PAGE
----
It was in June last year that now 57-year-old James Amburn, a U.S.-born financial adviser living in Western Germany, was taken from his home by two retired couples and a fifth person and driven 280 miles (450 km) to a holiday home one of the couples owned, near Lake Chiemsee in Bavaria.
The five pensioners wanted Mr Amburn to return the money some or all of them had allegedly lost as a result of his advice and held him against his will until he agreed to their demands.
But, as the London Times
reported in June, it was when the financial adviser agreed that he would arrange for the return of their losses - totaling €2.5m (£2.25m; $3.4m) - that he was able to alert a Swiss bank to his plight through a fax message that was meant to be authorizing the transfer of money to the unhappy investors.
Members of the German counter-terrorist unit eventually arrived at the property where Mr Amburn was being held and freed him.
Describing his four-day ordeal Mr Amburn, who was unsuccessful in one attempt to escape his captors, said:
As I was letting myself into my front door I was assaulted from behind and hit hard. Then they bound me with masking tape until I looked like a mummy. I thought I was a dead man
Mr Amburn was put in the trunk of a car for the journey from his home in Speyer to the holiday home owned by Ronald Kaspar, 74, and his wife Sieglinde, 80, and he reportedly said when giving evidence to the court in Traunstein:
I was completely panicked. I didn't know what they had planned. I thought they were taking me into the woods where they would shoot me
During the journey to Bavaria, where the Guardian
says he was held in a "purpose-built prison", Mr Amburn sustained two broken ribs as he tried to escape the quintet of pensioners, one of whom faces trial at a later date after having been too ill to face the court with his fellow defendants.
That fifth defendant is believed to be 67 years old and may be the husband of one of the two women convicted of Mr Amburn's kidnapping rather than an individual without a partner/wife.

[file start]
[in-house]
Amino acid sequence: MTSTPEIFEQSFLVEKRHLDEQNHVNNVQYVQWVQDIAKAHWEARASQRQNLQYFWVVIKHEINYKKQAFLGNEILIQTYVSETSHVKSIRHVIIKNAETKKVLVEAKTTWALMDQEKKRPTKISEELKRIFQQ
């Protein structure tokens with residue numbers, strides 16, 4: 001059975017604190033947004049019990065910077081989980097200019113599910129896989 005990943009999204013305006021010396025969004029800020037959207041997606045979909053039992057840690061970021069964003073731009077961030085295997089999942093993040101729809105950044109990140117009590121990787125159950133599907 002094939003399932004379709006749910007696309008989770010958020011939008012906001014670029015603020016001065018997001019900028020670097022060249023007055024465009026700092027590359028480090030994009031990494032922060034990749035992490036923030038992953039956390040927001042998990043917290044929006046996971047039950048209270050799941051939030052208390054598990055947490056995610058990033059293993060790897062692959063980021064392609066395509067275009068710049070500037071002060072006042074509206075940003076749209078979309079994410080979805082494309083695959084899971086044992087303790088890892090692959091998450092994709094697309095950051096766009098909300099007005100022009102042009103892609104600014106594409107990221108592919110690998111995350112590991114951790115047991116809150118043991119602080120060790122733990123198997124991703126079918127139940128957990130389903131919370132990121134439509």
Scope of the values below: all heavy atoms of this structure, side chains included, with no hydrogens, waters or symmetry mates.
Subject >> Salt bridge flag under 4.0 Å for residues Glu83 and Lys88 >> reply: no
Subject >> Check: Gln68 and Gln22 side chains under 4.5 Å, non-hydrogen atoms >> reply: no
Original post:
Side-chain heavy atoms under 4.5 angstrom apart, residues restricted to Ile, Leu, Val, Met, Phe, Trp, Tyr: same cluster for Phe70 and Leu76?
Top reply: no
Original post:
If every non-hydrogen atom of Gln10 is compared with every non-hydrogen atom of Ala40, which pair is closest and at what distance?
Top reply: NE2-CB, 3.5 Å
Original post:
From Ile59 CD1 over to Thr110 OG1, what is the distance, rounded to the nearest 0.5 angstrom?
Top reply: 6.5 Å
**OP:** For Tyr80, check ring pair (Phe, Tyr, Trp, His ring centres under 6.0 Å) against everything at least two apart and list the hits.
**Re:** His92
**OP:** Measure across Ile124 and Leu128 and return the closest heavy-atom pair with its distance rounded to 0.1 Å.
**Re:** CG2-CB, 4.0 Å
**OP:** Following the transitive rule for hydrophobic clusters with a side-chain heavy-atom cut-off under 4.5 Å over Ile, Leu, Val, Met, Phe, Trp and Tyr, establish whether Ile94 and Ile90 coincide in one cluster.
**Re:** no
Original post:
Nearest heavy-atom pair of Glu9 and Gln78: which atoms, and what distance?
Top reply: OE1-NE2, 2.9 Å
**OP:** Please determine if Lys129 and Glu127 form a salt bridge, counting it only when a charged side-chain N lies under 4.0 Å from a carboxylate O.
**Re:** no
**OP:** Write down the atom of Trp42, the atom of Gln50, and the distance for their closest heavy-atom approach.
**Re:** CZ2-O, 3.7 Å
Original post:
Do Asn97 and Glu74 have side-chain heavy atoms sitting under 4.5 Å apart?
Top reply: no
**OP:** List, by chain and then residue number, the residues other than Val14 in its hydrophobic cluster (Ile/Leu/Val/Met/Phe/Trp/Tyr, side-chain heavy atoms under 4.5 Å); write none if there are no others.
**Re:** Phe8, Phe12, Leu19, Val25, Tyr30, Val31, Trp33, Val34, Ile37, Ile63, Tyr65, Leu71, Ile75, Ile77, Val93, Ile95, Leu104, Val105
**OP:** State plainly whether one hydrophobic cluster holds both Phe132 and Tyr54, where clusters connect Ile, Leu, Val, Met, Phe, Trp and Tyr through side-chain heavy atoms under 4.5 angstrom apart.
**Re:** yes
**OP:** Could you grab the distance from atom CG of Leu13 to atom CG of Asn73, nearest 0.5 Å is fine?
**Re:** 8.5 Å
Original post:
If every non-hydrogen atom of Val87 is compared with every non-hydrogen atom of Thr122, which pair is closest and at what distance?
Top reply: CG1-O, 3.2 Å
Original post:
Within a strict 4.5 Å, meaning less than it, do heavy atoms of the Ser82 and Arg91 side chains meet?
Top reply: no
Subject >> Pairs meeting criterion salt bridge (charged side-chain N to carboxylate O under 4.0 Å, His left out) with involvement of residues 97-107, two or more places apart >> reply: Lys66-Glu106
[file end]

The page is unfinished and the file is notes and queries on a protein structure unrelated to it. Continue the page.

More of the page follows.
Ronald Kaspar received a six-year prison sentence following his conviction for hostage-taking and grievous bodily harm.
A sentence of either four years, according to the BBC
, or five years, according to the Guardian
, was handed down to a man identified now as Willi D, aged 61. His convictions were for false imprisonment and grievous bodily harm.
Sieglinde Kaspar and another woman, possibly the wife of Willi D and possibly named Iris, aged 66 or 67, were given suspended prison sentences said to be between 18 and 21 months long.
After the defendants' argument that Mr Amburn traveled with them to Bavaria because they had invited him to join them on holiday was rejected the judge, named as Karl Niedermeier by the Telegraph
, told the guilty quartet that their actions were "a spectacular case of vigilante justice/self-justice". They were told that they could not take the law in to their own hands.
Harald Baumgaertl was one of the defense lawyers at the pensioners' trial and he is quoted by the BBC
The problem is that most of the people who gave the investor money saw dollars in front of their eyes.
Now they see nothing. It's important that people are very careful who they give their money to
Two people from Traunstein
, the name of both a town and district in Bavaria, when asked for their thoughts on the pensioners' actions, responded:
Maybe they were motivated by the fact that, overall, the press was saying there were so many bad financial investors around. Perhaps that made them believe they were on the right side of the law
They were very silly. But I can understand the people who kidnapped the man. It was not correct that they lost so much money
When reporting on the beginning of the trial
of the pensioners in February the BBC
indicated that a number of people have filed complaints against James Amburn for alleged breach of trust. An investigation in to Mr Amburn's business activities was already under way at that point.
that every effort has been made, by scrutinizing reports filed at the time of Mr Amburn's kidnapping, at the commencement of his kidnappers' trial, and the conclusion of the trial, to establish clearly the identity of the three people who assisted Ronald Kaspar and his seventh wife, Sieglinde, in the crime for which the Kaspars appear to have been the instigators. Unfortunately those reports are even now conflicting.